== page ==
Saturday, April 16, 2011

Why Do I Want the Thing to "Work"?

I am very impatient with technological devices.

I like the possibilities they open up to me. Indeed, I am drawn in by the things that I can observe or accomplish with the assistance of technology, whether it is the "older" technology of television or the newer tools such as digital cameras, word processing, or the internet with its various horizons. Once I discover how something can be done to broaden my perspective or powers of communication, I am ready to run with it.

But I expect these gadgets, programs, and connections to work.

I don't care how they work. I have zero interest in the technology itself. Well, okay, maybe a little curiosity in the beginning. But not much. I am interested in the persons, places, and things that are on the other side of these devices, and the access which they give me to them. I am decidedly not a geek.

For this reason, I feel betrayed when--having been lured into dependence on a technological medium for communication or other form of interaction with the world and with people--the stupid gadget breaks, or the program refuses to function, or the system decides that such-and-such is "unavailable" until further notice (and don't bother to ask us why).

It is as if someone took my ears away and sent me a message saying: We are sorry, but due to an auditory outage your ears will not be accessible for anywhere from a few hours to a few days. Please do not contact us to attempt to find out when your ears will be returned, as this information is unavailable. Furthermore, do not attempt to use this sensory function as long as your ears are missing. Such activity may result in the loss of other sense functions. In the interim period, access to your brain will remain open.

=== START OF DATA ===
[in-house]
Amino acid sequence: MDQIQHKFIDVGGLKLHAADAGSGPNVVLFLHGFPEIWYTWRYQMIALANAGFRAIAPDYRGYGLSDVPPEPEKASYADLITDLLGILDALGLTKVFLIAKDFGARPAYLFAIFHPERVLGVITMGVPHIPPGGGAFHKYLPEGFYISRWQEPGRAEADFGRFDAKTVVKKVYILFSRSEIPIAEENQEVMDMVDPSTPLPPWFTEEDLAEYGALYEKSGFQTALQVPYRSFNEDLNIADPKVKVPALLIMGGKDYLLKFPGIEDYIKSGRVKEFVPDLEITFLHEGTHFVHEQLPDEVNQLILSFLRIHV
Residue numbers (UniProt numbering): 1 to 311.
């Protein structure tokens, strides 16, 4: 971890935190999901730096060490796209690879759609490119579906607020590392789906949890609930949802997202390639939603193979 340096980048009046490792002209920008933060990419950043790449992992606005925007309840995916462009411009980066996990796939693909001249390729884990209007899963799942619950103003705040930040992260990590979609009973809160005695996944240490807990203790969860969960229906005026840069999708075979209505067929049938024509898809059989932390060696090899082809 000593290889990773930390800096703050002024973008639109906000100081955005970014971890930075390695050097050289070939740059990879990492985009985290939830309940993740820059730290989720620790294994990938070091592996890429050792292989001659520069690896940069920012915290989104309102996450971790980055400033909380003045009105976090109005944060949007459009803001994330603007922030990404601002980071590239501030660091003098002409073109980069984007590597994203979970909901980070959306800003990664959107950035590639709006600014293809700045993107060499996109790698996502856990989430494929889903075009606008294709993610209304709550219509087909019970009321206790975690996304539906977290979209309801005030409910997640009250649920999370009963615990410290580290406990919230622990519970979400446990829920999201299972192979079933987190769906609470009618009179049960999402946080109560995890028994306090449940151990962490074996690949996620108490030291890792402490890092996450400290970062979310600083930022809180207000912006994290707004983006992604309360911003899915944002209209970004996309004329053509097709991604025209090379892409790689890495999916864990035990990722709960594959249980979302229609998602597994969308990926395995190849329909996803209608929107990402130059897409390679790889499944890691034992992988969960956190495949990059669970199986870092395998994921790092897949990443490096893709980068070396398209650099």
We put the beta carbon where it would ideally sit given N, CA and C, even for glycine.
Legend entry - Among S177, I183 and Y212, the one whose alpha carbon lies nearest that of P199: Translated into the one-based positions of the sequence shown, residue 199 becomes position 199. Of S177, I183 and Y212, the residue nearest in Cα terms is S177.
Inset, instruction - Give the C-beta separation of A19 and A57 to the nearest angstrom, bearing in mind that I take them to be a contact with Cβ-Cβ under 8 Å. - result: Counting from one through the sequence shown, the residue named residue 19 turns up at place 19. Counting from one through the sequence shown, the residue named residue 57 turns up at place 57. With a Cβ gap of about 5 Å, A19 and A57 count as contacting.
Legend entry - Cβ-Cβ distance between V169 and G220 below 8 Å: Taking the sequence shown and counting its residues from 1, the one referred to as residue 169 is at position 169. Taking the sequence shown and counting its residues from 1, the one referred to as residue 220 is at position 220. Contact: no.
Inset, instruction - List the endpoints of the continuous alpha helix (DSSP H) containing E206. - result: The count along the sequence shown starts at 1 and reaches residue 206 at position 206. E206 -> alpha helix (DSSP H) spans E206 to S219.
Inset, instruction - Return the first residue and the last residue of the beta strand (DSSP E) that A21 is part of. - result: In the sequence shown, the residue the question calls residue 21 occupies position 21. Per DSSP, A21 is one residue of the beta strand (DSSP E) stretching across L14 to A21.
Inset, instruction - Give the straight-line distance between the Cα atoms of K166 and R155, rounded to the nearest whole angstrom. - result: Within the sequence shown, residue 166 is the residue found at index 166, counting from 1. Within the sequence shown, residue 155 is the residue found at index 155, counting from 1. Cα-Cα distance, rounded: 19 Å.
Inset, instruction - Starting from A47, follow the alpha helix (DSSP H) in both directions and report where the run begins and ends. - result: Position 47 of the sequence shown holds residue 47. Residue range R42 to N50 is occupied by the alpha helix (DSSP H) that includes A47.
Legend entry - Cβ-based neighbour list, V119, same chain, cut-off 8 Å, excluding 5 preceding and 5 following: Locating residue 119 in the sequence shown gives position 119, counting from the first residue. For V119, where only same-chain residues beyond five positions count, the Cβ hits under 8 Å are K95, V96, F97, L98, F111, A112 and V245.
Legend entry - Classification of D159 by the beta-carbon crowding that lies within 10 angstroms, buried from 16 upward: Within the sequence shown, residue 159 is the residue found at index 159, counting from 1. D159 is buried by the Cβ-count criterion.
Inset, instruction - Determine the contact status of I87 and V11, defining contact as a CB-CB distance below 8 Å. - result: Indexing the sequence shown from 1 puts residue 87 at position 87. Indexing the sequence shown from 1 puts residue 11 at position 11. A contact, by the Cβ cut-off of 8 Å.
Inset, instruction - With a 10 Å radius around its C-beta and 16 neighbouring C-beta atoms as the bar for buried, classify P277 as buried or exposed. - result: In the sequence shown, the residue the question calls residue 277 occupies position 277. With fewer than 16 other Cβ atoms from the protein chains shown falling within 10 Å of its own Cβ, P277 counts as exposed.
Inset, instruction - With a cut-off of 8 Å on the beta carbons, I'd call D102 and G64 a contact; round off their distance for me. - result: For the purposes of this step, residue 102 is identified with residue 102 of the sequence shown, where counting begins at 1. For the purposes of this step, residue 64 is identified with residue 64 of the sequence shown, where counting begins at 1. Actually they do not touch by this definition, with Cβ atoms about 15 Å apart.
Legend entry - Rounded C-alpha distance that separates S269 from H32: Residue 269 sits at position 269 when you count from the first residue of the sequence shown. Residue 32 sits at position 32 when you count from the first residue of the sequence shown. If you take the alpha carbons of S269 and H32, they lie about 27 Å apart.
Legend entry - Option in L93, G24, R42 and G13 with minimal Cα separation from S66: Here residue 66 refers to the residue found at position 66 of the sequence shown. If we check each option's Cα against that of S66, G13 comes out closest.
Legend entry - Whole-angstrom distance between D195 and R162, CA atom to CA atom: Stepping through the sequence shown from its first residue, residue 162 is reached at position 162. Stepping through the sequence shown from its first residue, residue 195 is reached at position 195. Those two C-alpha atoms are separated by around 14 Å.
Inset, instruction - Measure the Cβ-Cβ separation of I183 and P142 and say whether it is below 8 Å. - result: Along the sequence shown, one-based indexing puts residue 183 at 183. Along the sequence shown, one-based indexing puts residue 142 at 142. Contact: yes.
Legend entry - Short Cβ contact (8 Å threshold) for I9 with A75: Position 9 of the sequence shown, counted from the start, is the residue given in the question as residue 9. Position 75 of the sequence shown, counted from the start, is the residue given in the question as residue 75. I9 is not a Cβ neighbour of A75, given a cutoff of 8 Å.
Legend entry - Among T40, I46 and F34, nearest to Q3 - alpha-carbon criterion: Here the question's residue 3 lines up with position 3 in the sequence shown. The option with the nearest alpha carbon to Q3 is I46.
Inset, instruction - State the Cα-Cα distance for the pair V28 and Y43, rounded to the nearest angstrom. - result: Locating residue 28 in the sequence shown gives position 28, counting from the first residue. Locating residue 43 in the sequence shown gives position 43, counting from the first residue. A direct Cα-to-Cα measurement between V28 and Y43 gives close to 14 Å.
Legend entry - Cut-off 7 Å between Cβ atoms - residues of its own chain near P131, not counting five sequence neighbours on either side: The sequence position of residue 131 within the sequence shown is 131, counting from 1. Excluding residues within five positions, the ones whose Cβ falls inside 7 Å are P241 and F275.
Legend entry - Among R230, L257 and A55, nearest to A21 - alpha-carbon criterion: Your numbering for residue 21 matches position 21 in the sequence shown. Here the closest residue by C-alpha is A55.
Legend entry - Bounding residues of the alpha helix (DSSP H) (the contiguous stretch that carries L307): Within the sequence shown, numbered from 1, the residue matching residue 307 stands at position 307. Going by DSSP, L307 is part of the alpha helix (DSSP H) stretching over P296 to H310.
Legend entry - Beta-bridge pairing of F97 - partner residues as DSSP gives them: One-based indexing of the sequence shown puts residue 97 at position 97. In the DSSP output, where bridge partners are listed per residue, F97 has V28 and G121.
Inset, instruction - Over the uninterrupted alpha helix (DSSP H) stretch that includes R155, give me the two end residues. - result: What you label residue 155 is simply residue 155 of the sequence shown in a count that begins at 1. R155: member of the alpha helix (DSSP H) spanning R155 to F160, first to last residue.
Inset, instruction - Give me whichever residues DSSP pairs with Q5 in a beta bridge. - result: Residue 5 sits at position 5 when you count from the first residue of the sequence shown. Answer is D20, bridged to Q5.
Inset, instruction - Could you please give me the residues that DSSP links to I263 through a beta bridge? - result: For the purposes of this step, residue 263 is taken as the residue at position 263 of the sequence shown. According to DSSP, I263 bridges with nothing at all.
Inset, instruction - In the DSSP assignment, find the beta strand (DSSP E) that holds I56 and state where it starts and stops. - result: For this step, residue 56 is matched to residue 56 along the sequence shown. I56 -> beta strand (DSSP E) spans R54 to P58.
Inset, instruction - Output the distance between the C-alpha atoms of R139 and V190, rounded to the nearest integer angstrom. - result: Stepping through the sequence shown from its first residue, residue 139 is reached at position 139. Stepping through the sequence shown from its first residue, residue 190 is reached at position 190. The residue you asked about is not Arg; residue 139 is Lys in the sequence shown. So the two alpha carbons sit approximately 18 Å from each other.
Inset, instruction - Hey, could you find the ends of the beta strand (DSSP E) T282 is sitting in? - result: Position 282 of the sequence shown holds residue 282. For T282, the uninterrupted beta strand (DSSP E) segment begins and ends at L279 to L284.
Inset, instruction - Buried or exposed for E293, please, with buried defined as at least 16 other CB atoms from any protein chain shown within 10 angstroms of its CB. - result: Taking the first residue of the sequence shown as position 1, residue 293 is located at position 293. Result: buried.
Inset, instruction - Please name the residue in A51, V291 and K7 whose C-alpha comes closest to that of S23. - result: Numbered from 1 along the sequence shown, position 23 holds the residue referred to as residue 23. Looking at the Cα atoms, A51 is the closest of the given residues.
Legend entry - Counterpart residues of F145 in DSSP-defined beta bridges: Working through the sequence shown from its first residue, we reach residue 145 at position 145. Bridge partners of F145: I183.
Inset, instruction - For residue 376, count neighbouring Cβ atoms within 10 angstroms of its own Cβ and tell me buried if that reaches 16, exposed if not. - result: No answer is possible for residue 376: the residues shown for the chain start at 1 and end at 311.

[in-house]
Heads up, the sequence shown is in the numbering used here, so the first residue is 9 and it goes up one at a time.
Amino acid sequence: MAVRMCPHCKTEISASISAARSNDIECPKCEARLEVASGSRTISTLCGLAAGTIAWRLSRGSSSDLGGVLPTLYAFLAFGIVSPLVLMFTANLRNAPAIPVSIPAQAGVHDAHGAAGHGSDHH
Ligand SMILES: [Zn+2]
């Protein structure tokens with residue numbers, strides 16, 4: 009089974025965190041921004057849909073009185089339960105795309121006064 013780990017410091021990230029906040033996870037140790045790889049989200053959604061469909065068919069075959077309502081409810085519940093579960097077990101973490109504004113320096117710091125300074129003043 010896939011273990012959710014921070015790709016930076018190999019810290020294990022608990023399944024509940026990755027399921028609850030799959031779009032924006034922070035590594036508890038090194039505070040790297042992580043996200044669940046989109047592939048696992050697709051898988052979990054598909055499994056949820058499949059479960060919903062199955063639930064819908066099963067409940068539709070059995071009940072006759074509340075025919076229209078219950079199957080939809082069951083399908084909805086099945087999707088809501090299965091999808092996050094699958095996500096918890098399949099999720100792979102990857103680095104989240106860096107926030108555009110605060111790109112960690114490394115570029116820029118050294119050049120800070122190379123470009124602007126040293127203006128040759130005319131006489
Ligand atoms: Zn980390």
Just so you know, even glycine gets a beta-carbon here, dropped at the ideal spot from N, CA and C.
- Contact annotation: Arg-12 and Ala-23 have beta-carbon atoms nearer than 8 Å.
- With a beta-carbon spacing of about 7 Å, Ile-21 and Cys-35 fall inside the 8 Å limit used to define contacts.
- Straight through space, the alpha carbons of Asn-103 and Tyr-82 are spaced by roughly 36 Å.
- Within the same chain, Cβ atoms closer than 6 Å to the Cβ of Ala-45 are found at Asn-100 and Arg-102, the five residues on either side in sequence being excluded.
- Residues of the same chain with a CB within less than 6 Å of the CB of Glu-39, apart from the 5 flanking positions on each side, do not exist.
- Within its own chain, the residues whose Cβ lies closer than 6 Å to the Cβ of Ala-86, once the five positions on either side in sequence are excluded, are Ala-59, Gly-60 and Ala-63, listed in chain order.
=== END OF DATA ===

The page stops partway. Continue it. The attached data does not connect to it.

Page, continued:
Thankfully, there is a new kind of "doctor" in the world today: the "tech support" person. These are people who are phlegmatic enough to be actually interested in how these extensions of our senses and capacities for communication actually work. They like to tinker and fool around with the hardware and the software and the cyberspace and get things to run and even to run better, stronger, and faster. They are scientific, artistic, creative, and wise. I have great respect for them. I revere them...if they know what they're doing, that is. Like every other field of medicine, tech support has its share of quacks.

Of course, here is where asceticism is essential for not only the preservation of one's character, but also the balance of one's nerves. I have been using computers for almost 30 years, and I still don't seem to understand that when something is not working, banging on it does not help. It is in these small moments that I realize how little progress I have really made in the art of living like a human being. Acceptance of limitations. Handling obstacles and surprising circumstances. Patience. After I have had my tantrum, these challenges rise before me and I have to adapt. I have to sacrifice. I have to recognize the frailty of my own power. This is good for me. It puts things in perspective. The value of my action as a person is not in the quantitative accumulation of experiences and interaction, but in the use I make of whatever is given to me in this moment for the affirmation of what is true and good.

Sometimes it is good for things to shut down, so that I can remember why I care about the persons, places, and things "on the other side."

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